How to grow a pipeline of leaders

GrowthI recently hosted a breakfast seminar for Third Sector CEOs on getting their top teams “fit for the future”. We heard a wealth of examples of how people had built higher functioning teams at Executive and Board levels, but one area seemed a consistent struggle: getting enough great people coming through the management layers; working together, leading teams, driving delivery and challenging the Executives to step up their game.

It’s not a situation that’s unique to Charities; it’s a big issue in the public sector and it’s pretty common in the private sector too. But I’ve seen plenty of examples of companies who’ve got it nailed by becoming really good at these five key processes. Here’s what they do:

Recruiting: They hold out for recruits that not only have the capability and desire to do the job, and will fit well into the organisation’s culture; but who also will soon be ready for the job above, and they have no qualms about paying for interims to cover posts while they search.

Developing: Few people stay in the same role more than two years; secondments to projects and between departments are commonplace. It’s an explicit goal to stretch and challenge people, and to develop highly skilled General Managers ready to take broader leadership roles.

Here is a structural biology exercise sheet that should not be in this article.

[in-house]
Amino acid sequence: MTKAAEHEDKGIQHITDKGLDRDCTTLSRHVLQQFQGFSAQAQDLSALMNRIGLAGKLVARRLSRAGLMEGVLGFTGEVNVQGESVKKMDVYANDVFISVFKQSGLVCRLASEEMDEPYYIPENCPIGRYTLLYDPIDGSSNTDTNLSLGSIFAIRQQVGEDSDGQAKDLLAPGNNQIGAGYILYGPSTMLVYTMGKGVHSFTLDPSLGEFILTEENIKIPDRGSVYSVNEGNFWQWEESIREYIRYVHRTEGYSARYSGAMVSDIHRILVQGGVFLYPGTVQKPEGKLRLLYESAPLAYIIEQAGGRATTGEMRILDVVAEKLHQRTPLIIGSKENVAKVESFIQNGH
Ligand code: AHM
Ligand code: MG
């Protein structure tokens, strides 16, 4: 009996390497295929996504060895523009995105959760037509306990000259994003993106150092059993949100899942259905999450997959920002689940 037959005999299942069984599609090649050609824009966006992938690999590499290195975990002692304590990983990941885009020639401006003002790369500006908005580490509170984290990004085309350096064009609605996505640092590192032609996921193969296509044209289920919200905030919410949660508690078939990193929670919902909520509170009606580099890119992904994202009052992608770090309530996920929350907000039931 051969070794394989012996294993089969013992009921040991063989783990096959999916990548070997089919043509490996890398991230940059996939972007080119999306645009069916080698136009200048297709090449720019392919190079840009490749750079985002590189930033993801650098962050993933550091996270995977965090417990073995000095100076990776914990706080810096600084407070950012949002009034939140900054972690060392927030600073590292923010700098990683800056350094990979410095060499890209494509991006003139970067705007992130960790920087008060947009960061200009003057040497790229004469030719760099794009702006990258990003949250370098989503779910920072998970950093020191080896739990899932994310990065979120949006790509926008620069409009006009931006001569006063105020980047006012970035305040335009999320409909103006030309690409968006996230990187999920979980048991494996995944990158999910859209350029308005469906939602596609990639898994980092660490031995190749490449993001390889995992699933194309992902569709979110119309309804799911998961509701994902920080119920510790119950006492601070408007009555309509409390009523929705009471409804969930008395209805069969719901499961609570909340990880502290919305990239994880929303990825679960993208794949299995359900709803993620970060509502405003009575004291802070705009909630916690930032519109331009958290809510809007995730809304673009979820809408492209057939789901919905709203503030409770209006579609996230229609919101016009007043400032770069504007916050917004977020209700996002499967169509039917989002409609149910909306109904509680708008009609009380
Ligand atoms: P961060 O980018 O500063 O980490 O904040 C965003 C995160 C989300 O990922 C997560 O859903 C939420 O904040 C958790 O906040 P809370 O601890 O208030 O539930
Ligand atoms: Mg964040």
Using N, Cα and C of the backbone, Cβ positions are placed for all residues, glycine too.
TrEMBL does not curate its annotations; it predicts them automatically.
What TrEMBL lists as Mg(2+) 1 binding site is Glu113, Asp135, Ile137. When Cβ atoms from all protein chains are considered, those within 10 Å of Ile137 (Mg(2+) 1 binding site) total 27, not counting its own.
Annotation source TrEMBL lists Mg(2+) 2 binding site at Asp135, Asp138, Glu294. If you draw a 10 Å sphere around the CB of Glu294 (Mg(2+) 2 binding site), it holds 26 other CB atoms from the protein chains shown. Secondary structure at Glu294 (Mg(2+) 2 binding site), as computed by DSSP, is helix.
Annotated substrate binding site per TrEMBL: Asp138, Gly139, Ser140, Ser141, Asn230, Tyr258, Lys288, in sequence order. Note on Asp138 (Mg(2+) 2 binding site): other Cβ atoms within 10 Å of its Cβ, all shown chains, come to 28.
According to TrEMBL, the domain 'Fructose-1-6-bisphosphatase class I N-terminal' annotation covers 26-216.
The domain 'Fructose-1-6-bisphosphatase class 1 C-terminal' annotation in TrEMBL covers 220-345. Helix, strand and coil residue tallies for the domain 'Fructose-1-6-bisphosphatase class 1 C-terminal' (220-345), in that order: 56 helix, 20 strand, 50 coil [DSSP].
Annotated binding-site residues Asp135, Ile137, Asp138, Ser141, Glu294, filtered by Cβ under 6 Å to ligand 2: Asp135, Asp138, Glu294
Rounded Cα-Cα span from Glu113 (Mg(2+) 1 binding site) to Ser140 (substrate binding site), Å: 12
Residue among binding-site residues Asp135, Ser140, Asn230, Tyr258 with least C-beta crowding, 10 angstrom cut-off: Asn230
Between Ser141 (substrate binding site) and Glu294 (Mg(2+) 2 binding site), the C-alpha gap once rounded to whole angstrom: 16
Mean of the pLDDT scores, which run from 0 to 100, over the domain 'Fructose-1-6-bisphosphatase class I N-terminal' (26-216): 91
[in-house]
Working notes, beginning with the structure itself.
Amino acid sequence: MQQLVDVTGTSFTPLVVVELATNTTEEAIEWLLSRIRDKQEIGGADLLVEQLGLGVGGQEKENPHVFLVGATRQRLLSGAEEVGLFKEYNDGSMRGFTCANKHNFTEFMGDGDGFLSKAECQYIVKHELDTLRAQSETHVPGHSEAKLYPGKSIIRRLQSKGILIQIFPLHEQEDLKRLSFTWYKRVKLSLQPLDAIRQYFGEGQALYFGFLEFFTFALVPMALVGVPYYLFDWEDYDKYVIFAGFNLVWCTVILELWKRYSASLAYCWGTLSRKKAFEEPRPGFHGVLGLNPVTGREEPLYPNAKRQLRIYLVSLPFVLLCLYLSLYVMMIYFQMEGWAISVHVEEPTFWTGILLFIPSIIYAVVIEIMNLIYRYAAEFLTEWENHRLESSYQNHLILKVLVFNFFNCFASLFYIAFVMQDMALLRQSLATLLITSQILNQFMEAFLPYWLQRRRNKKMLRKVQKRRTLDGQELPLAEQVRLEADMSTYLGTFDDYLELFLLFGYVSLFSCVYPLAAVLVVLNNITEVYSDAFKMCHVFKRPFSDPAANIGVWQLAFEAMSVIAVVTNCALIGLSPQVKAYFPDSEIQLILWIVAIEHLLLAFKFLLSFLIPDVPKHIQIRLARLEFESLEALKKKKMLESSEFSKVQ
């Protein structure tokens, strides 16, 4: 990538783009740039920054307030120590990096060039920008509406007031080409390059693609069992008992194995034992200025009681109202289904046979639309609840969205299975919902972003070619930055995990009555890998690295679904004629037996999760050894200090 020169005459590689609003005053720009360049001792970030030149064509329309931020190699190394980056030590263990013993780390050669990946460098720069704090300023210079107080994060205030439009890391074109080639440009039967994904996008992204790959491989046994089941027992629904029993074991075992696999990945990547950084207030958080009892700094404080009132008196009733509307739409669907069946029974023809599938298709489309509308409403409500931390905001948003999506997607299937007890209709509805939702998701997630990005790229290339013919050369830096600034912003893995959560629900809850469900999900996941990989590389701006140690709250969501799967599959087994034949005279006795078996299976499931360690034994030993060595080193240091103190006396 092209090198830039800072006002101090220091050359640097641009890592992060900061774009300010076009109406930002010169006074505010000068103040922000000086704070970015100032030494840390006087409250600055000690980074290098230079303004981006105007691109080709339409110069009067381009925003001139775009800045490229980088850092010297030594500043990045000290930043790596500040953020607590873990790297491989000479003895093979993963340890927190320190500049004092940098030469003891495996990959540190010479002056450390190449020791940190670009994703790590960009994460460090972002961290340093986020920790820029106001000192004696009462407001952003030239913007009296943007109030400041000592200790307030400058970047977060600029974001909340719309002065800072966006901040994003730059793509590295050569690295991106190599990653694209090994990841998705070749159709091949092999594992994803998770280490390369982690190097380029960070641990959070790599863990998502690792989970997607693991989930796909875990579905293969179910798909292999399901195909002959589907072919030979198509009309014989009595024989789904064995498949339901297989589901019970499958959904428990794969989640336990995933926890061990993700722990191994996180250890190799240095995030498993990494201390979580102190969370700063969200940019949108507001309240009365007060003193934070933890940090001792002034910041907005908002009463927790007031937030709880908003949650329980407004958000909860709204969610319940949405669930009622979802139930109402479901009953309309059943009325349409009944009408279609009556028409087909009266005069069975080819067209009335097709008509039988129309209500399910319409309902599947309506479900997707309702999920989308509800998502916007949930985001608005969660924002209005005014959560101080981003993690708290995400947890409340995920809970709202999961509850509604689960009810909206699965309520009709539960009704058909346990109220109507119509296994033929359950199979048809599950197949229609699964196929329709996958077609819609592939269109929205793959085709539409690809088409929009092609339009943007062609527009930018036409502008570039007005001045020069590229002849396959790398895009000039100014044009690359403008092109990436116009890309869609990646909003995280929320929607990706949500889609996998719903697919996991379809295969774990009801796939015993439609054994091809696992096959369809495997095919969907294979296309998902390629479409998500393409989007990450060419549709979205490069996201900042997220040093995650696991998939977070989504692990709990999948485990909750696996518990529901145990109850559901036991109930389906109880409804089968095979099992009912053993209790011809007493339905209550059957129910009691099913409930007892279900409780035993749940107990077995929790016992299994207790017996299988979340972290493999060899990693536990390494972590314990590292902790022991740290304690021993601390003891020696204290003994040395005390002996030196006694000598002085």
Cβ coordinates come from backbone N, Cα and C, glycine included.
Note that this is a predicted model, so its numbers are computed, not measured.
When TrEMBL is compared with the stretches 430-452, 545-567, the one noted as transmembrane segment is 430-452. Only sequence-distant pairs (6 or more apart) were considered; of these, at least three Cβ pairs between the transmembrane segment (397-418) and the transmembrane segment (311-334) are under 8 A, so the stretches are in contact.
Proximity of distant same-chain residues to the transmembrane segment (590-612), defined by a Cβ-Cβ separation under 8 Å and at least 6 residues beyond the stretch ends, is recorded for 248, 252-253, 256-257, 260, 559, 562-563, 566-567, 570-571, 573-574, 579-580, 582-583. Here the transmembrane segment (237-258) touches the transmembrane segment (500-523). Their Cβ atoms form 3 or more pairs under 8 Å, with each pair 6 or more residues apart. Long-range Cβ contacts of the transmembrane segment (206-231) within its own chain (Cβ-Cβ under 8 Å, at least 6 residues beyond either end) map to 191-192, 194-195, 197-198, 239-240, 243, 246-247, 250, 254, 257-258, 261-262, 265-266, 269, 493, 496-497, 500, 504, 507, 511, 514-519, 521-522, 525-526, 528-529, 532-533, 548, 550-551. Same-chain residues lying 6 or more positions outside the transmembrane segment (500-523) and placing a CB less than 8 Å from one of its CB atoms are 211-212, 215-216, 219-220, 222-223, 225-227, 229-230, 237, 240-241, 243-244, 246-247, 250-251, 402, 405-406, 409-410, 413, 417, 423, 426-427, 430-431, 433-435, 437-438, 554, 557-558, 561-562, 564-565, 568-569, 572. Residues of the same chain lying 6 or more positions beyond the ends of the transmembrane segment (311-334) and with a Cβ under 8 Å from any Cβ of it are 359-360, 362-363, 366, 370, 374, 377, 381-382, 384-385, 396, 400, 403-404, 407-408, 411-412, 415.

Managing: Everyone is clear whether they’re struggling, developing well, or ready for their next move. And for those that are struggling there’s a clear plan to help them turn around, and there’s a clear way to decide if they need to move out. More on that here.

Retaining: The leadership understands what really drives retention, so ensures that everyone has the right tools to do the job, gets to use all their skills, makes friends in the organisation, and stays highly motivated (the four drivers of motivation are explained here).

Exiting: They move, or remove, poor performers quickly and with integrity, recognising that if you don’t take out those people who aren’t great at their jobs, the ones that are great will soon leave in frustration.

Bottom Line: While a good HR team can help get these processes set up, creating a pipeline of talent is no more the job of HR than creating a pipeline of sales is the job of Finance. Developing talent is a critical part of the job for every leader and manager in the organisation, which means it probably starts with you.

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